That said, for me the movie’s main selling point, besides its well constructed and unforeseeably epic storyline, was its characters. As far as protagonists go, Ralph is both likeable and sympathetic; you can’t help but feel for him with how the Nicelanders treated him as well as sympathize with his desire to be liked and accepted, as it is something we all have. More than once I wanted him to just let it go during the movie and take out his frustration, not to mention some of the landscaping, on those smug and unappreciative little midgets; the fact they can’t die in their own game (a la they respawn), and so wouldn’t be permanently harmed over Ralph’s fury, makes me wonder why such an event never took place in the game’s whole thirty year existence. Likewise, though you’d think Felix would be a total asshole over the glory and praise he receives, he really does live up to being the good guy; in fact, his official bio claims he’s incapable of being a jerk to anyone, as it’s literally not part of his programming. As such, he makes for an excellent secondary tritagonist, while his growing romance with the extremely hot yet gruff Sergeant Calhoun (essentially a takeoff of female Commander Shepard from Mass Effect) serves as an excellent side-story. And then there’s deuteragonist Vanellope von Schweetz, voiced by none other than the sweet (no pun intended) and sarcastic Sarah Silverman (try saying that five times in a row), who makes up about sixty percent of the witty commentary in the movie. While I was initially put off by her, even likening her and the rest of the in-game characters from Sugar Rush as the Cabbage Patch Kids from Hell, I eventually found her to be just as sympathetic as Ralph, while her continuous sarcasm served to offset the otherwise annoying nature of her character. And finally, there’s the main antagonist King Candy, voiced by Alan Tudyk (“I’m a leaf in the wind…”), who’s something of an evil version of the original Alice in Wonderland’s Mad Hatter; despite his obvious antagonism and JerkAss personality, his eccentricities and overly flamboyant posturing make him memorable as an oddball Disney villain.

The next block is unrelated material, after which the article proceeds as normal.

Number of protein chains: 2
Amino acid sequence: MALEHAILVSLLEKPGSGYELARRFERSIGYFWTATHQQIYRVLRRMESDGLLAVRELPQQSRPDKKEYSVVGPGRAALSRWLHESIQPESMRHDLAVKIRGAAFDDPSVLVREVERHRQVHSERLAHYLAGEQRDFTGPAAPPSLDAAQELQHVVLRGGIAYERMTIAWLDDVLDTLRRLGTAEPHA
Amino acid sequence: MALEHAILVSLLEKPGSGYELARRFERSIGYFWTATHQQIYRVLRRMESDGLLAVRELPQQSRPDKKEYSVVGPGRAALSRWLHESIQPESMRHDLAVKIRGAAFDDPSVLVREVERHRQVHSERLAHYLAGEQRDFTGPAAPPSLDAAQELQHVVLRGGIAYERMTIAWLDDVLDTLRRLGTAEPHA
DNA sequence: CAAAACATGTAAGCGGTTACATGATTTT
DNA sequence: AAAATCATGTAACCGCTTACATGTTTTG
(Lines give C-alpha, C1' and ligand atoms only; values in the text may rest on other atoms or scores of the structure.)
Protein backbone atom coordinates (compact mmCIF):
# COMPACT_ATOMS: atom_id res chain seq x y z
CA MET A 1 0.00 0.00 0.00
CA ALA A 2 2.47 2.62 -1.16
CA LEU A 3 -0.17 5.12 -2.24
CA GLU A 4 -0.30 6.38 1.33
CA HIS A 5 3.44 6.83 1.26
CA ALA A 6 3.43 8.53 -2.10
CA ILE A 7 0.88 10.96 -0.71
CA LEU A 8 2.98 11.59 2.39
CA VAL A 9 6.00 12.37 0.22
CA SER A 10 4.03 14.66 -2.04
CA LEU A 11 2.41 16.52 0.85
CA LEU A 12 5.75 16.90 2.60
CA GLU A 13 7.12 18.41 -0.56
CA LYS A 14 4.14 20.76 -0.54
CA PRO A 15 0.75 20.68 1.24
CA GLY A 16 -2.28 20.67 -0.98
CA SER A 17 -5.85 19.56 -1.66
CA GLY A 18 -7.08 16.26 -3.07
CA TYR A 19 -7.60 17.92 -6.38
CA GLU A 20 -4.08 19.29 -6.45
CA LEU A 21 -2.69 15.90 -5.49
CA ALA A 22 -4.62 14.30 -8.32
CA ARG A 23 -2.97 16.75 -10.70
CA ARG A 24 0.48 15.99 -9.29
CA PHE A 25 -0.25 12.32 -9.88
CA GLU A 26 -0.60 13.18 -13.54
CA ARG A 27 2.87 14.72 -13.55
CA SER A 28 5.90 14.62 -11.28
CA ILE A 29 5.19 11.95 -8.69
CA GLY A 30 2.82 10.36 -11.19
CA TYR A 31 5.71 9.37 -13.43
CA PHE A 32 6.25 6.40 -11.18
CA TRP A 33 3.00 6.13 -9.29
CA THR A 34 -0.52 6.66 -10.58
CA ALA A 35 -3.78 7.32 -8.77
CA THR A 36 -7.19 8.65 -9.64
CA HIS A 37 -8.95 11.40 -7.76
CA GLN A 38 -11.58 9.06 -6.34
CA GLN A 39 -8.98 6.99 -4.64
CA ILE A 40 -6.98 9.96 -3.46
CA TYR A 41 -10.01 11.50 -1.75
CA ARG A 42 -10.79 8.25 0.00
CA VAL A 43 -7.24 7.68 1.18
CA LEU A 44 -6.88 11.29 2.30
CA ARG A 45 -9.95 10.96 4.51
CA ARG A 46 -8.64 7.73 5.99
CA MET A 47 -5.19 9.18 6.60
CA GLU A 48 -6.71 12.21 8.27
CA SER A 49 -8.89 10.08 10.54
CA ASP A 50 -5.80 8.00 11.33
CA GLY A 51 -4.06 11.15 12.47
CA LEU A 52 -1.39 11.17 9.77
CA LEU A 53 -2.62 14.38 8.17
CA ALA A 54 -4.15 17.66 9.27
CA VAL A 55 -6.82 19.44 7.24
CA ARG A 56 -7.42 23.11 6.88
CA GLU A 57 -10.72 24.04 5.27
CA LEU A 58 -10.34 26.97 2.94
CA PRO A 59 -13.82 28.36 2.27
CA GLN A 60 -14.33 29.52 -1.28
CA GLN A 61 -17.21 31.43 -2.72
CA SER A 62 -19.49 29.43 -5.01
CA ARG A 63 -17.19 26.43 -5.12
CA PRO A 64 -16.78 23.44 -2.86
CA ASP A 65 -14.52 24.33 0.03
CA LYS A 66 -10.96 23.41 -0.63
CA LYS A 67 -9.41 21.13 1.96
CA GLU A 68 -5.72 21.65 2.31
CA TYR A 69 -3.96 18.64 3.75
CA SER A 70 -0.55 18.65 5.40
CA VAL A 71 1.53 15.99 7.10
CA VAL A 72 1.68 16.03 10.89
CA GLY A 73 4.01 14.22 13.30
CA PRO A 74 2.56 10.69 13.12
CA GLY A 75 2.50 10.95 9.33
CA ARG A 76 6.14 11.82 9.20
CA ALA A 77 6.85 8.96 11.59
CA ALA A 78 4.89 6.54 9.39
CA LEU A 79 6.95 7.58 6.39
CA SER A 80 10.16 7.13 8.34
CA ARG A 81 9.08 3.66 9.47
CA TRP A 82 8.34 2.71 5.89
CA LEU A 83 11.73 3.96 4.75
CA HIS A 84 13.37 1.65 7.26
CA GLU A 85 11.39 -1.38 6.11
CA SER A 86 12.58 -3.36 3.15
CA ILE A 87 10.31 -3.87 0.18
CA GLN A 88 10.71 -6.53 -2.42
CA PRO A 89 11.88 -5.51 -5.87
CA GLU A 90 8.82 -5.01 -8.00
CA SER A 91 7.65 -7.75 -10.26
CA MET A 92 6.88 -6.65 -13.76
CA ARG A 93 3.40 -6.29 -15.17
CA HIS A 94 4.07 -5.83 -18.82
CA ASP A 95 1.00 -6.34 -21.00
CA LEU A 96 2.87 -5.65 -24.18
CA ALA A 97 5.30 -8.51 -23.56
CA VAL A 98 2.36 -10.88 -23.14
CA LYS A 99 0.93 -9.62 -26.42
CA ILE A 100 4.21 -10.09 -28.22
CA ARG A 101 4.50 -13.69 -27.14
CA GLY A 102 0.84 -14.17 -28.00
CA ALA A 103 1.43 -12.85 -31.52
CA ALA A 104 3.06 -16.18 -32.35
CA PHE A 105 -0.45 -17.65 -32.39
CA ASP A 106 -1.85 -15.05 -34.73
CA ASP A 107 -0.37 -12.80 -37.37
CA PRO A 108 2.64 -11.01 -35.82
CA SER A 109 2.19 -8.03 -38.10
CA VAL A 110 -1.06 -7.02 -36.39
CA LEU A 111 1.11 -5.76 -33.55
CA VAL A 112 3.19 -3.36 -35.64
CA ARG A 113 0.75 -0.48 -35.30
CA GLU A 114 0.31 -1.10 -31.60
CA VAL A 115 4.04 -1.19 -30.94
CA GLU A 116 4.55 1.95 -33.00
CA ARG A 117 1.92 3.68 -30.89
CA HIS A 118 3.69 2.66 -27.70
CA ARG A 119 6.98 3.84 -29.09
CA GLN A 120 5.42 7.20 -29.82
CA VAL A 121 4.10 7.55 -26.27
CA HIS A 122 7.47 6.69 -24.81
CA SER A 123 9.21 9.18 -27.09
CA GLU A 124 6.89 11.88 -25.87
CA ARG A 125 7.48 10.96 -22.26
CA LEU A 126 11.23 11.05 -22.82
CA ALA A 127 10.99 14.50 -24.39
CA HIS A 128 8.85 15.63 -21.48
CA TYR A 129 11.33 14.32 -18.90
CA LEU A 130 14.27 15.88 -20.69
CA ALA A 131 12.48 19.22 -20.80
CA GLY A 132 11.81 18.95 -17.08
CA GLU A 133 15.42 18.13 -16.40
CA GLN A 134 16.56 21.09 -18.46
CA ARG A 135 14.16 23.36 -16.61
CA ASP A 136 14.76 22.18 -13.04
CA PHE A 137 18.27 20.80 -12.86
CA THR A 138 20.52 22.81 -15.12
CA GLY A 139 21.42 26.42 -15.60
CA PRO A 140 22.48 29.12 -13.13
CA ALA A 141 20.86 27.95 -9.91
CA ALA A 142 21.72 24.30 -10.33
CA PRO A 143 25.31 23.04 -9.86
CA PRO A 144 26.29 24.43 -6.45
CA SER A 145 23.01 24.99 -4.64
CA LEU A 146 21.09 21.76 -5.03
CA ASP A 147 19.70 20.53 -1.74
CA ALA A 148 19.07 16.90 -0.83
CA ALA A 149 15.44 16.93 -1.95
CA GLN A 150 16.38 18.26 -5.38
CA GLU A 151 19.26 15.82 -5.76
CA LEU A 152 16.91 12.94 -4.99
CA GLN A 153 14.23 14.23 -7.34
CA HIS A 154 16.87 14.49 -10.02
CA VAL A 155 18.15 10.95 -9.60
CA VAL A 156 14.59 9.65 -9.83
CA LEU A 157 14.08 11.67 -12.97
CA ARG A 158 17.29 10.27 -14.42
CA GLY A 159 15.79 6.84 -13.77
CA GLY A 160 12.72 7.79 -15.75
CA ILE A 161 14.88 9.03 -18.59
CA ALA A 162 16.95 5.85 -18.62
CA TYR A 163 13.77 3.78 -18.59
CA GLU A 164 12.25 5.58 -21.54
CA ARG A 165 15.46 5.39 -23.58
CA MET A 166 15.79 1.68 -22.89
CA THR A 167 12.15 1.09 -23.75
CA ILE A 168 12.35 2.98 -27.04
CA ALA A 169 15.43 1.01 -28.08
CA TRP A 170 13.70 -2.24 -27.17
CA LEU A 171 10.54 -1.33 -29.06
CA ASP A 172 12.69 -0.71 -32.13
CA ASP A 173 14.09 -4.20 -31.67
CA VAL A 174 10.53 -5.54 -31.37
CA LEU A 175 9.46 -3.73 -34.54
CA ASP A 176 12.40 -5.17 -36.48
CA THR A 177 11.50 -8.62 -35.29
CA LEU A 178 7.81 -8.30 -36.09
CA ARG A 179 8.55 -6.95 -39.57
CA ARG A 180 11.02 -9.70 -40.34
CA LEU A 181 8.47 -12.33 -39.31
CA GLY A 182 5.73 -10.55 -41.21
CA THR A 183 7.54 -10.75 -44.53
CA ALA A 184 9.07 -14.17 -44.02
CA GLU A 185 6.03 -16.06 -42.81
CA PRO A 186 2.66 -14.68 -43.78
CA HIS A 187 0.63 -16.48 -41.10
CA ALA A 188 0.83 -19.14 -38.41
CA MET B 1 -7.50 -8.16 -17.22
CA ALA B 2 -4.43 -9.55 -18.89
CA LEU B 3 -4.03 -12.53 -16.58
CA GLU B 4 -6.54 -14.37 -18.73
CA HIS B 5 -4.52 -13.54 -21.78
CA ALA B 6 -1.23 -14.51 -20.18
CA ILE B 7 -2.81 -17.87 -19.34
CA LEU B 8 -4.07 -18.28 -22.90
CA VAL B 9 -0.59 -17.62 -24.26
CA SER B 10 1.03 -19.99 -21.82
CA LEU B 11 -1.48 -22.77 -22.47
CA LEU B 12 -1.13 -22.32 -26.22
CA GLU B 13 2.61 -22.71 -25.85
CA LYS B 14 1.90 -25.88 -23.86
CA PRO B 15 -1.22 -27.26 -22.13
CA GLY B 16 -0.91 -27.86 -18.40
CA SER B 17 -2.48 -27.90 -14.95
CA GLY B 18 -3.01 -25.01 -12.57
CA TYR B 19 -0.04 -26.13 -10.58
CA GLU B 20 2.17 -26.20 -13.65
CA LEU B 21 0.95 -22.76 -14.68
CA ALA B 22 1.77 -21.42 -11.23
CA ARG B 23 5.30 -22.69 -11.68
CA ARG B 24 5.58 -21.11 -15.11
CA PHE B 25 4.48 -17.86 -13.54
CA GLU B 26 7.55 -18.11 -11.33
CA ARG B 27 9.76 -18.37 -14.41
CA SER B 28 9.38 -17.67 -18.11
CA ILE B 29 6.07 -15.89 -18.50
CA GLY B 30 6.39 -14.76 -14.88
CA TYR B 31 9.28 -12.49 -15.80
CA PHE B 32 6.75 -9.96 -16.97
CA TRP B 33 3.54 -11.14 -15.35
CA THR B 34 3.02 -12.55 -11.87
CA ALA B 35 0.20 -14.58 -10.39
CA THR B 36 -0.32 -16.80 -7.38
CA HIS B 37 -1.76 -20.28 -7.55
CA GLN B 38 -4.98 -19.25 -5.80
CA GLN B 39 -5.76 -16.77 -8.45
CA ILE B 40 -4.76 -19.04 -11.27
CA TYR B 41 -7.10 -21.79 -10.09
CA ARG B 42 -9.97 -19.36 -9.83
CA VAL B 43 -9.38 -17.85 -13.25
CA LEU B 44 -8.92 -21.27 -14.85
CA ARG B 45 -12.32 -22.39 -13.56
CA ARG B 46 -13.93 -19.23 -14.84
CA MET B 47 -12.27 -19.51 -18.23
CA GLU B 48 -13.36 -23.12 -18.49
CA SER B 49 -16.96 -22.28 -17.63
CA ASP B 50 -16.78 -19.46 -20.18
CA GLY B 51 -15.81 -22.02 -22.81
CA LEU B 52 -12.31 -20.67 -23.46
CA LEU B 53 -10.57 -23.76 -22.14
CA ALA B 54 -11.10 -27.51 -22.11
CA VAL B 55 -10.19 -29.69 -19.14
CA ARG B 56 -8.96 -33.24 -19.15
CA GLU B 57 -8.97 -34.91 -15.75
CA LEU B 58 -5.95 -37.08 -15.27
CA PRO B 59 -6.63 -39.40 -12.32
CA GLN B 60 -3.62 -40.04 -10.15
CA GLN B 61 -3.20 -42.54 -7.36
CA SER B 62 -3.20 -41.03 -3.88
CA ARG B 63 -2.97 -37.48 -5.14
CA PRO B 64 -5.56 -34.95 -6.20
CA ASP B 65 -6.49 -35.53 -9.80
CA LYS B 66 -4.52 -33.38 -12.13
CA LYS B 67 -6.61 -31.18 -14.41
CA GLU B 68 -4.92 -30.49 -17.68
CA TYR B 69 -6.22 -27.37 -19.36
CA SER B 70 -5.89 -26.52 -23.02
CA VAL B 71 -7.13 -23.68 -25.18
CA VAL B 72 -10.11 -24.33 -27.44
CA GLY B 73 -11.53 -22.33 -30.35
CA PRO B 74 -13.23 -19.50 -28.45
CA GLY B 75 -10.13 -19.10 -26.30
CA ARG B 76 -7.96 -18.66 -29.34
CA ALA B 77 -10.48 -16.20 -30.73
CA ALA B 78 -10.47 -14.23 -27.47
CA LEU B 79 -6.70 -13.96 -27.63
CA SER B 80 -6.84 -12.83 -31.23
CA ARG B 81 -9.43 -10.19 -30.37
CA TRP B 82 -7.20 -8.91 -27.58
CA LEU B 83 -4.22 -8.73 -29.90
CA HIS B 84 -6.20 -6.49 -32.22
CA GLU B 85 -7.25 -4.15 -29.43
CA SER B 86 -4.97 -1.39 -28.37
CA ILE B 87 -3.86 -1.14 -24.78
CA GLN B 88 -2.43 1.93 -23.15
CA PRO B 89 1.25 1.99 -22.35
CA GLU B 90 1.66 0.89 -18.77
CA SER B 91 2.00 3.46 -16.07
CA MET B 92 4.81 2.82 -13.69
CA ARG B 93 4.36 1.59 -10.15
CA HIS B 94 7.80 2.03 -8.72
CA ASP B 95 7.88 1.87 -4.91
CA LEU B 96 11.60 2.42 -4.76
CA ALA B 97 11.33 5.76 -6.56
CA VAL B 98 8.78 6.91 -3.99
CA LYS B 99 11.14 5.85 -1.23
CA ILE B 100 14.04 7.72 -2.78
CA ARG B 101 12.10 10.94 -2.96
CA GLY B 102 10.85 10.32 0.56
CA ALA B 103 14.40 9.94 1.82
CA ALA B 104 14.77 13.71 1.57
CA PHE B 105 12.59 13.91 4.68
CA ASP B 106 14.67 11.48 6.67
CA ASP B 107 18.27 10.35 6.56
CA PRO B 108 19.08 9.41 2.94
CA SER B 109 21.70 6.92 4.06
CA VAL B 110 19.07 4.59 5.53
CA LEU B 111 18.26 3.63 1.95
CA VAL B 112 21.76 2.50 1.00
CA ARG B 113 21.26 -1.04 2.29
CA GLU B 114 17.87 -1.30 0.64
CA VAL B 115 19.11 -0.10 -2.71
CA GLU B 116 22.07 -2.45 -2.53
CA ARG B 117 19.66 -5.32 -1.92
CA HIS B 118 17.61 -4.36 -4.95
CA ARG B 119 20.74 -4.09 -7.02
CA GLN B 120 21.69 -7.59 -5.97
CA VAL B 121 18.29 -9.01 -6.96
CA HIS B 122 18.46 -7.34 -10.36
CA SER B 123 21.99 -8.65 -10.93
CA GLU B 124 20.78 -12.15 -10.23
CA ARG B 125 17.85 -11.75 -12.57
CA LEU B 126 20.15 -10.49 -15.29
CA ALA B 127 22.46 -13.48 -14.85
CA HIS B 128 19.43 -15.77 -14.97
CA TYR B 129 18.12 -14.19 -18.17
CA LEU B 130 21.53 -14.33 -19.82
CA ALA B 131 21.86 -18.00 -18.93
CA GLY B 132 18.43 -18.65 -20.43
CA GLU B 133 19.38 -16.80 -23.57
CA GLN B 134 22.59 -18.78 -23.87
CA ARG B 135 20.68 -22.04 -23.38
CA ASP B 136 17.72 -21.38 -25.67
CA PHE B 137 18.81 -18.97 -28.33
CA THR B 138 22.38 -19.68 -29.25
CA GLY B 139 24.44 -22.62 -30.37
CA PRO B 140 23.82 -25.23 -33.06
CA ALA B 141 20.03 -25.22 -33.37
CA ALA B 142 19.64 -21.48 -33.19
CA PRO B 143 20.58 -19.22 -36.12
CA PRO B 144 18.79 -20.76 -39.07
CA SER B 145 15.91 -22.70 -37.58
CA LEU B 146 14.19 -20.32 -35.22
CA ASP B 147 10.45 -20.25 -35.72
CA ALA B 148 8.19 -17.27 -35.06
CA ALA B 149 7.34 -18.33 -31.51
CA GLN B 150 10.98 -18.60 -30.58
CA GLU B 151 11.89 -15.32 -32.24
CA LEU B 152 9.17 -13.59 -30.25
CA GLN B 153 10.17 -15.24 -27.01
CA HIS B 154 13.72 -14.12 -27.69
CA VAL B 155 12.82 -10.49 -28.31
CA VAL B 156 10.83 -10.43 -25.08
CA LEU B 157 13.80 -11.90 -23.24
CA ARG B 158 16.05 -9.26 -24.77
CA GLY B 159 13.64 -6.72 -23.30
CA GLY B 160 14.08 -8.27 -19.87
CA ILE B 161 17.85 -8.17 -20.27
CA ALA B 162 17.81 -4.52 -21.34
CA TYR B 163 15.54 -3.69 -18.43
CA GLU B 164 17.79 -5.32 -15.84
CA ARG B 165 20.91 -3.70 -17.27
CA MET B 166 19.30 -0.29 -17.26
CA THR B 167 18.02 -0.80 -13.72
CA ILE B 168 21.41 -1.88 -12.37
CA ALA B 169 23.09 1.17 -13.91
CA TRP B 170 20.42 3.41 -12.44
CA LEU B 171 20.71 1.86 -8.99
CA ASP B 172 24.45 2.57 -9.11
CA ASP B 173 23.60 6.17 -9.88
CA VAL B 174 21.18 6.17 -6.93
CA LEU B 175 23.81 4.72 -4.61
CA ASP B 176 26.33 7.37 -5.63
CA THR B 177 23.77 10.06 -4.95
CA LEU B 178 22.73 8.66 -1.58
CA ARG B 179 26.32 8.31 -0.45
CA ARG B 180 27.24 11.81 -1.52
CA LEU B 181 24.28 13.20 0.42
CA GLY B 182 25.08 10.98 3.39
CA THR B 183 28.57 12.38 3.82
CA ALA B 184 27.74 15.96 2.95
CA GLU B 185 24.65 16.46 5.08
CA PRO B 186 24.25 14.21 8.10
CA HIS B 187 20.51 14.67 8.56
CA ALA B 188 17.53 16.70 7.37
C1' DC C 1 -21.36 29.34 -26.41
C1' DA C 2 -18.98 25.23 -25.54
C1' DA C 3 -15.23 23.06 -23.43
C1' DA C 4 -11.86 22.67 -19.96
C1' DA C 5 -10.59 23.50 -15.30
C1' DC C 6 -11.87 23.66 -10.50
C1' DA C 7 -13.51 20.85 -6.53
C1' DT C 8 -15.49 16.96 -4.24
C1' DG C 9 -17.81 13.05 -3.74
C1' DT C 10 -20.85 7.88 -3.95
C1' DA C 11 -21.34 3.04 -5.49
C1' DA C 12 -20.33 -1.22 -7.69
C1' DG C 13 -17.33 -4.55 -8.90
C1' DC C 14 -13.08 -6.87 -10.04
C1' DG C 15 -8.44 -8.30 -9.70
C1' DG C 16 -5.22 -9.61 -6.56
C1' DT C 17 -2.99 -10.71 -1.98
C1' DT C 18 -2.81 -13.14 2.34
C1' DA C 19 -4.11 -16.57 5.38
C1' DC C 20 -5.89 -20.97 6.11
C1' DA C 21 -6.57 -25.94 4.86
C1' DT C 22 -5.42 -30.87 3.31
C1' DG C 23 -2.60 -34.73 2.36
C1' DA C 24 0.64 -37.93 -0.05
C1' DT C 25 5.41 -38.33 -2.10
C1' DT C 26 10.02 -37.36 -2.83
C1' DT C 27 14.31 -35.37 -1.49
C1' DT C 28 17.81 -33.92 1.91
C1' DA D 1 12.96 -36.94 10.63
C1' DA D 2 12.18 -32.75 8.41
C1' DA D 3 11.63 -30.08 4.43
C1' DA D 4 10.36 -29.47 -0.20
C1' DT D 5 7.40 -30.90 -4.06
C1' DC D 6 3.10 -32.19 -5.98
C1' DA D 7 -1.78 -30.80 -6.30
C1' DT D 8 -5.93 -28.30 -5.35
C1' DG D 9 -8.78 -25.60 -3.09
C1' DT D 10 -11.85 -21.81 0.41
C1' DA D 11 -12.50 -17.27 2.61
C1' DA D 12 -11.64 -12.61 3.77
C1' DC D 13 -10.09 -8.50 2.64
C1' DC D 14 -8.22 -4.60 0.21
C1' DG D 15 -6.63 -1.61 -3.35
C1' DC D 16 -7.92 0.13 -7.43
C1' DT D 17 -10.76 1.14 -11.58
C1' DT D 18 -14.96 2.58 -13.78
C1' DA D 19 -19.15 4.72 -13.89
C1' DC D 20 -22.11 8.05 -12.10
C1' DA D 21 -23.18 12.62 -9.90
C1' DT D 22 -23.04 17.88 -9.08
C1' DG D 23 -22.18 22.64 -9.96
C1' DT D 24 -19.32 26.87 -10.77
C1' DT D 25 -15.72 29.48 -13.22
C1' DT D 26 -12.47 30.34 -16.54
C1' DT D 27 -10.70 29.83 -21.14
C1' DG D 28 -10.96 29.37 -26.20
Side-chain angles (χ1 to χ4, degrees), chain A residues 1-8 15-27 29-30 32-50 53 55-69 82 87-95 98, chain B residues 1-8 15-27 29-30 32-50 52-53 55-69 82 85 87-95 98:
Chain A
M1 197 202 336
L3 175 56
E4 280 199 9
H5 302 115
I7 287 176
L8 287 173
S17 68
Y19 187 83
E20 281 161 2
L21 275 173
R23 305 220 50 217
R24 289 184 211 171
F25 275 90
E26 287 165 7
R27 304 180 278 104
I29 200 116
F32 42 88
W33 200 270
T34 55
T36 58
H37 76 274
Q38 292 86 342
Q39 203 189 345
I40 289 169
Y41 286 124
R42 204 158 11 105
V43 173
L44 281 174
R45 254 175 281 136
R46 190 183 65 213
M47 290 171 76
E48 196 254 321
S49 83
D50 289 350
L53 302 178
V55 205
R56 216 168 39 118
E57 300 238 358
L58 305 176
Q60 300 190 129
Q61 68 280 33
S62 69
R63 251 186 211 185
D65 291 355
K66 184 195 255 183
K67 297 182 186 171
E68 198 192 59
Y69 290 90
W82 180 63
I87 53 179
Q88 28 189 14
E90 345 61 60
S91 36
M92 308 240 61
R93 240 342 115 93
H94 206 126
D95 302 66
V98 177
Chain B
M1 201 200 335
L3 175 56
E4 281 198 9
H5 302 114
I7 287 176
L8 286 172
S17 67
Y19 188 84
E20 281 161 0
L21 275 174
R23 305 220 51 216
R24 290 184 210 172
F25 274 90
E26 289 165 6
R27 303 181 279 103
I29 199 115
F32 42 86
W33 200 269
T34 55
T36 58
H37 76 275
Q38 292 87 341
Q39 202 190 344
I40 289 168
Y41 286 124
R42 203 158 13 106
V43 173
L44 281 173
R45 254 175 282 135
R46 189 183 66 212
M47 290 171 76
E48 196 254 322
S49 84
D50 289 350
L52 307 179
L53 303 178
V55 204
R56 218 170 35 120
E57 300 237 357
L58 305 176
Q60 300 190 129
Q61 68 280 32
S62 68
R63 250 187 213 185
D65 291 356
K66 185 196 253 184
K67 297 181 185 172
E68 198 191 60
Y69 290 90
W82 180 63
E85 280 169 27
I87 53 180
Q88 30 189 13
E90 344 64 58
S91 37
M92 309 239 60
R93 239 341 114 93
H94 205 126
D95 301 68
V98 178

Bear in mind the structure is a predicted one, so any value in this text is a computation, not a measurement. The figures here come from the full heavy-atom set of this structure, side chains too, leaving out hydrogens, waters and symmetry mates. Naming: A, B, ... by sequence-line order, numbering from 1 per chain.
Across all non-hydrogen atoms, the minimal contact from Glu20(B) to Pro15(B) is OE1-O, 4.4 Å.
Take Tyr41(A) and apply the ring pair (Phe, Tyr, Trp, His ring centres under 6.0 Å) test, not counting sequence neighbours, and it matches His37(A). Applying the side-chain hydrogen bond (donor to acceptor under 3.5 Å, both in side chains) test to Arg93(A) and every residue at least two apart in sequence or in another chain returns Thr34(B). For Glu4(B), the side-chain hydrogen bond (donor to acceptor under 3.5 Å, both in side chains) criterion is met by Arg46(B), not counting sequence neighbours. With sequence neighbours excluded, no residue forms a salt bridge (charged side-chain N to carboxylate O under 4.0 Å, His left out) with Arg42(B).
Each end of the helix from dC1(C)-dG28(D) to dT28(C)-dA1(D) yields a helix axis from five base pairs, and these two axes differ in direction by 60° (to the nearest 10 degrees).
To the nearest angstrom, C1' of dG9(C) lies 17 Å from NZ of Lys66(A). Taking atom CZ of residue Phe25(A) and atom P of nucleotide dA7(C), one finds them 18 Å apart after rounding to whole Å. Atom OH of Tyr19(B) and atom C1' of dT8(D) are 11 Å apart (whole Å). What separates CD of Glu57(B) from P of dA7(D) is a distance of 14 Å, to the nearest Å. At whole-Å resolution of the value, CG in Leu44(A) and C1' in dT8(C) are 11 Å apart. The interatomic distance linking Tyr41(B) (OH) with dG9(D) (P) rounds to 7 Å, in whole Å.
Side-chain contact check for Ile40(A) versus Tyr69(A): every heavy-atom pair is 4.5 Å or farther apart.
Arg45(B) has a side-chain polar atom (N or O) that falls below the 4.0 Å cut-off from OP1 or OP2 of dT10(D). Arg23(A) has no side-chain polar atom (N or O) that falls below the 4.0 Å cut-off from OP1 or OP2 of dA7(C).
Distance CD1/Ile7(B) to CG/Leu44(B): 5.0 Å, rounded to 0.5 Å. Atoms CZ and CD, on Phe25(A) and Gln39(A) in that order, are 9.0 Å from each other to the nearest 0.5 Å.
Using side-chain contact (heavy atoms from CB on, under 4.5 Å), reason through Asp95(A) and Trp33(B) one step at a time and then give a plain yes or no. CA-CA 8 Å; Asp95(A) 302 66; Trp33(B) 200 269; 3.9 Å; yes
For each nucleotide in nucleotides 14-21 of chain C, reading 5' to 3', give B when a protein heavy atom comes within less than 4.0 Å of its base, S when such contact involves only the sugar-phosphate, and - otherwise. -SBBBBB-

Really, Wreck-It Ralph is an awesome movie, with many themes to be enjoyed by both children and adults; in fact, in a similar vein to The Incredibles and Brave, you almost forget that this is a Disney movie meant for younger ages. That said, I think the main issue I have with this movie is its limited setting; despite all the games of Litwak’s Arcade being connected to each other, the movie primarily takes place in the overly colorful and candy-esque (if not outright gagging) Sugar Rush game, while the “main” game Fix-It Felix Jr. and first person shooter Hero’s Duty serve as secondary settings, and other games like Pac-Man (the setting for the Bad Guys Anonymous meeting) and Tapper (used appropriately as a bar for off-duty game characters) make cameo appearances. In that regard, I would have loved to see Ralph journey into other video games during the course of the movie; could you just imagine him going through the Mushroom Kingdom, trying to run through loops in the Green Hill Zone or tag teaming with Megaman (Rockman) in Dr. Wily’s fortress? Oh well, I guess there’s always Wreck-It Ralph 2 to do all that, as I’m sure Disney, when it’s not busy pimping off Marvel movies or setting up to do the same with Star Wars, is planning on developing soon…